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Re: Fedora Freedom and linux-libre



Les Mikesell <lesmikesell gmail com> wrote:

[...]

> But, I think you are the one missing the point at least from the
> perspective of the FSF or anyone likely to take legal action on behalf
> of the GPL.

Nobody can initiate legal action "on behalf of the GPL", only the kernel
copyright holders could initiate such action here. And that would be
ROTFLed out of court, as /they themselves/ created the kernel with the
express, and widely documented, intention for it to be distributed widely.

>              They claim that it doesn't matter if the components are
> distributed separately or not.  For example, you can't modify a GPL'd
> component so that it needs a library under different terms even if the
> parts are never distributed together.

Sure you can. In the heyday of GNU software it was /only/ run on propietary
systems, and all that software was routinely modified with the express
purpose of running on newer/changed versions of propietary systems (which
were the only ones available, remember).

> > Thus, it is not the intent of the GPL to claim rights or contest
> > your rights to work written entirely by you; rather, the intent is to
> > exercise the right to control the distribution of derivative or
> > collective works based on the Program.

> Whether it is a derivative or 'work as a whole' depends on the
> relationship of the parts, not temporary physical proximity.

Please state which laws or court decisions lead you to this conclusion, and
exactly what "relationship" has to be involved here.  This is /not/ about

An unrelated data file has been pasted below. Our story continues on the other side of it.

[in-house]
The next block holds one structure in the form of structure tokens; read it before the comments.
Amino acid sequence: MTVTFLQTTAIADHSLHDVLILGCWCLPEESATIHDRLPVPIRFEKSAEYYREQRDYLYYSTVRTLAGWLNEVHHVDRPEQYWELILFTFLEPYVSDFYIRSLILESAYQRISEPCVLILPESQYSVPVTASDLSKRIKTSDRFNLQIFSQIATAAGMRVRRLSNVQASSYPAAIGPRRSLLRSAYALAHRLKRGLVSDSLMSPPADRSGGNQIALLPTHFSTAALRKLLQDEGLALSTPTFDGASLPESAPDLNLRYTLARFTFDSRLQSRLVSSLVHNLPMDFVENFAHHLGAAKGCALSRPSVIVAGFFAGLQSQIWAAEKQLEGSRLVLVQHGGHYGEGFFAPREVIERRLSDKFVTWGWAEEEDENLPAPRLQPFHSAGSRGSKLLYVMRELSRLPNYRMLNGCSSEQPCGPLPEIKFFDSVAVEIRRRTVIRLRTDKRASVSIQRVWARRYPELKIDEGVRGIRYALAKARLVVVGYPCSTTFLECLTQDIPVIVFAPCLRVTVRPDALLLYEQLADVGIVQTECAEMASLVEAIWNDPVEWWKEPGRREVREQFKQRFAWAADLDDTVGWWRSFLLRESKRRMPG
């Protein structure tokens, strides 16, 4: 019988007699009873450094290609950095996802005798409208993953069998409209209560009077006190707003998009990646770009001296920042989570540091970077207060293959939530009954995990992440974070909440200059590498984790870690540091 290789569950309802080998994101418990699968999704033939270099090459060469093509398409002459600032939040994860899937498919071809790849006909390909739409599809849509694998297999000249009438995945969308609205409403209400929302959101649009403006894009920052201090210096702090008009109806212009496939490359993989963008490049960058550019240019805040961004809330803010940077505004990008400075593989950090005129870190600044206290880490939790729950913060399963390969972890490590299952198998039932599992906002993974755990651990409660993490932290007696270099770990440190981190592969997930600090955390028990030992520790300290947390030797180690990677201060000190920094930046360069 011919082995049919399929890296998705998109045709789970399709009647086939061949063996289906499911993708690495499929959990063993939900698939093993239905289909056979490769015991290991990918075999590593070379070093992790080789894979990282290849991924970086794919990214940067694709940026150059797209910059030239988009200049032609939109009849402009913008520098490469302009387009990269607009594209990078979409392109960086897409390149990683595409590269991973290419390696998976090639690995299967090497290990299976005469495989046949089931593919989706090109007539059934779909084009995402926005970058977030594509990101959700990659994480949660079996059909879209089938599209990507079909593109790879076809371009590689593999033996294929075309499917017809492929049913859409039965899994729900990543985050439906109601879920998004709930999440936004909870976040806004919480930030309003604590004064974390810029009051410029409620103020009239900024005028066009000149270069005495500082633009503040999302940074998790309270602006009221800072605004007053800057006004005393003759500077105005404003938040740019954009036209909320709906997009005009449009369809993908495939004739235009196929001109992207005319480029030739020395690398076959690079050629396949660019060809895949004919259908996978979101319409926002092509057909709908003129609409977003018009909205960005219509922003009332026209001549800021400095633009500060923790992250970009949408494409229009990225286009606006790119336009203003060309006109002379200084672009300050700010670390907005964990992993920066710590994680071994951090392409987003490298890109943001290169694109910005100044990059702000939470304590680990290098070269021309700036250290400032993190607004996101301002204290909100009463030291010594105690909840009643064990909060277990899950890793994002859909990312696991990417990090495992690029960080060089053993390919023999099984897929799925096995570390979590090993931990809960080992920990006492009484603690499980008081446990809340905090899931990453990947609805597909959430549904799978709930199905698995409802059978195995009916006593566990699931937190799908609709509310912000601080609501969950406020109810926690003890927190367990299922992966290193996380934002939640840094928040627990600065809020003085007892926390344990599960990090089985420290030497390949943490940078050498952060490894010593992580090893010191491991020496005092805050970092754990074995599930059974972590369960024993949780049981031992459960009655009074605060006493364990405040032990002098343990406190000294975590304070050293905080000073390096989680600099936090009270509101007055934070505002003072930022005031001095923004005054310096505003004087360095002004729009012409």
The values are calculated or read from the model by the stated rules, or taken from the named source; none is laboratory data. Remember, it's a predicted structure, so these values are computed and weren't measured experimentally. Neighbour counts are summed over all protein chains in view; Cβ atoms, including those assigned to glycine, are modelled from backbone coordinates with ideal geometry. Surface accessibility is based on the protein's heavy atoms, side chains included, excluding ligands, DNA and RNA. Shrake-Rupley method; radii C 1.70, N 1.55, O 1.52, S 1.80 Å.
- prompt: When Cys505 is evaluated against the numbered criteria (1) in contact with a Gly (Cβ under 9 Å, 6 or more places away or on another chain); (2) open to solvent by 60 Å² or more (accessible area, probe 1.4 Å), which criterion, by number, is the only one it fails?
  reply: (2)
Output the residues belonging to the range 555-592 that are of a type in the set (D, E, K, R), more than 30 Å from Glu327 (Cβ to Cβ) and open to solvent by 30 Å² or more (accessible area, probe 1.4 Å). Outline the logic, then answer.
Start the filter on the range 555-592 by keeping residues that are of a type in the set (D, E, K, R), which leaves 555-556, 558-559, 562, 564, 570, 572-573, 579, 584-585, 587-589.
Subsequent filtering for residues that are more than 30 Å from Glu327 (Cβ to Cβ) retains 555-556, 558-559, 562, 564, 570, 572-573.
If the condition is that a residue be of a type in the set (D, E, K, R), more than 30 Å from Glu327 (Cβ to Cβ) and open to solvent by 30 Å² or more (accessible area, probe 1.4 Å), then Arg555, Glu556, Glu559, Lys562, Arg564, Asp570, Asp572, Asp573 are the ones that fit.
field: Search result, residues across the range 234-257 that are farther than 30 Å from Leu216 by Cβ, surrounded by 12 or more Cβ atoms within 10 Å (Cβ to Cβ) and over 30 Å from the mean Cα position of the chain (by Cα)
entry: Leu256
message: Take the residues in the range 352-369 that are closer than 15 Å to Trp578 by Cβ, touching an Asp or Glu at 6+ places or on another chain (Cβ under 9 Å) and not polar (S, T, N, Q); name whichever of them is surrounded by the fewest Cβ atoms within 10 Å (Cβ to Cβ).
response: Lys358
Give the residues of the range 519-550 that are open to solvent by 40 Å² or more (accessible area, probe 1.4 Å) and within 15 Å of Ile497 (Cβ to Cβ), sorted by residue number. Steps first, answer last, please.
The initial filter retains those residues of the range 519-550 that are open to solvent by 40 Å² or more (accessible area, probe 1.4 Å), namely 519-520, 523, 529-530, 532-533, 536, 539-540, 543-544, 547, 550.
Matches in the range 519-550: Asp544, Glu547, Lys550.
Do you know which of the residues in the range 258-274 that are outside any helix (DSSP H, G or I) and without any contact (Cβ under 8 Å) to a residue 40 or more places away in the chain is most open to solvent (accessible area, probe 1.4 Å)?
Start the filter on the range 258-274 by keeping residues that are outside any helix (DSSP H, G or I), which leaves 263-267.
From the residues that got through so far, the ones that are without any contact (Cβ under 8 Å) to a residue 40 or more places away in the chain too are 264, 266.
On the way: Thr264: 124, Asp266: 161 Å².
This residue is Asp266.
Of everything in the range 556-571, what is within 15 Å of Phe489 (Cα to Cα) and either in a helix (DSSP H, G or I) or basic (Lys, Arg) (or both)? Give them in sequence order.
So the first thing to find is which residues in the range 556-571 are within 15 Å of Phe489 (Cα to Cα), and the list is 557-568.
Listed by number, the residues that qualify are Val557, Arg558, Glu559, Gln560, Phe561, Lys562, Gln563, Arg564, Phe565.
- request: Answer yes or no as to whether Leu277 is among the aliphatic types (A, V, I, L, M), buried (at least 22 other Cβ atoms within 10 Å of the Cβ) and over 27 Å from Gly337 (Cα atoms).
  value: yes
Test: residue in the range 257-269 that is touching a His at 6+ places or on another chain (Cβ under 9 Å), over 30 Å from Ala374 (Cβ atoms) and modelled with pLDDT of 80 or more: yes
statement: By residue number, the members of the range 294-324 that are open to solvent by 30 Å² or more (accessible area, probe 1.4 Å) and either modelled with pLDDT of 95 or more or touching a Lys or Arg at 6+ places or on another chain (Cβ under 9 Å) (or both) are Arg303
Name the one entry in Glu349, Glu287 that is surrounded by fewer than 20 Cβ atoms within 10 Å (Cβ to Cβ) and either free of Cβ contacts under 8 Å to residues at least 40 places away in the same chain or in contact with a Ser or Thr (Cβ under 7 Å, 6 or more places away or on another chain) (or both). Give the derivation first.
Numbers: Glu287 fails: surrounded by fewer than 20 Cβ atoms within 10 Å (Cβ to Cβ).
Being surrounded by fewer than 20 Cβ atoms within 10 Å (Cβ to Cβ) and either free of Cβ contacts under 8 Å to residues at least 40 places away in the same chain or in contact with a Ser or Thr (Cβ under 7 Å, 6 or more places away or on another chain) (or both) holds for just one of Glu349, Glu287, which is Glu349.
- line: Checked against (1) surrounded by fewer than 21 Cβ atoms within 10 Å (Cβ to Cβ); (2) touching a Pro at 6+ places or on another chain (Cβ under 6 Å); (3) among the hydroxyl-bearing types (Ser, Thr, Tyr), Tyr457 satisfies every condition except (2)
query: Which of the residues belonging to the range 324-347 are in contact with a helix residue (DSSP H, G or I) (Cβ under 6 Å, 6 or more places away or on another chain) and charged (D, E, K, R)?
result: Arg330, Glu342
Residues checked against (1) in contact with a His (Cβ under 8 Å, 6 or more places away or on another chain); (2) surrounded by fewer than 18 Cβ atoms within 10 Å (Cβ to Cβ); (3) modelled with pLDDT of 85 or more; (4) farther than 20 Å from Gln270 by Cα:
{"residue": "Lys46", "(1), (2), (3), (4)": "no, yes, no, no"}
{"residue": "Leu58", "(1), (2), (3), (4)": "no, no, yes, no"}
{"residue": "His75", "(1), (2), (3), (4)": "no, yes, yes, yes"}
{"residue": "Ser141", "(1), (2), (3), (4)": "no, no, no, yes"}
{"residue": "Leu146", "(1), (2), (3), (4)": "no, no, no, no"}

what you (or I) would like (or consider logical), given our computer (and
other) background and preferences. Remember that this is an area of law
originally designed for a completely different purpose (literary works and
such, distributed as printed copies) pressed into service for something
totally alien. As such, only someone really trained in this mess (i.e., a
lawyer specializing in this area, hired for the purpose of looking into
this) can give you somewhat credible guidance.

>                                                              If the
> compiler keeps the parts separate so the downloading code can identify
> them to download the correct separate data to the correct separate
> device they are rather clearly separate things aggregated temporarily
> within a file.  This might be more obvious if it were easier for a
> human to identify the parts, but that's a mechanical detail.  The
> question of whether the relationship of the runtime code makes it a
> derived work might still remain, but it is unrelated to the bits of
> code and data having been aggregated as permitted.
-- 
Dr. Horst H. von Brand                   User #22616 counter.li.org
Departamento de Informatica                    Fono: +56 32 2654431
Universidad Tecnica Federico Santa Maria             +56 32 2654239
Casilla 110-V, Valparaiso, Chile 2340000       Fax:  +56 32 2797513


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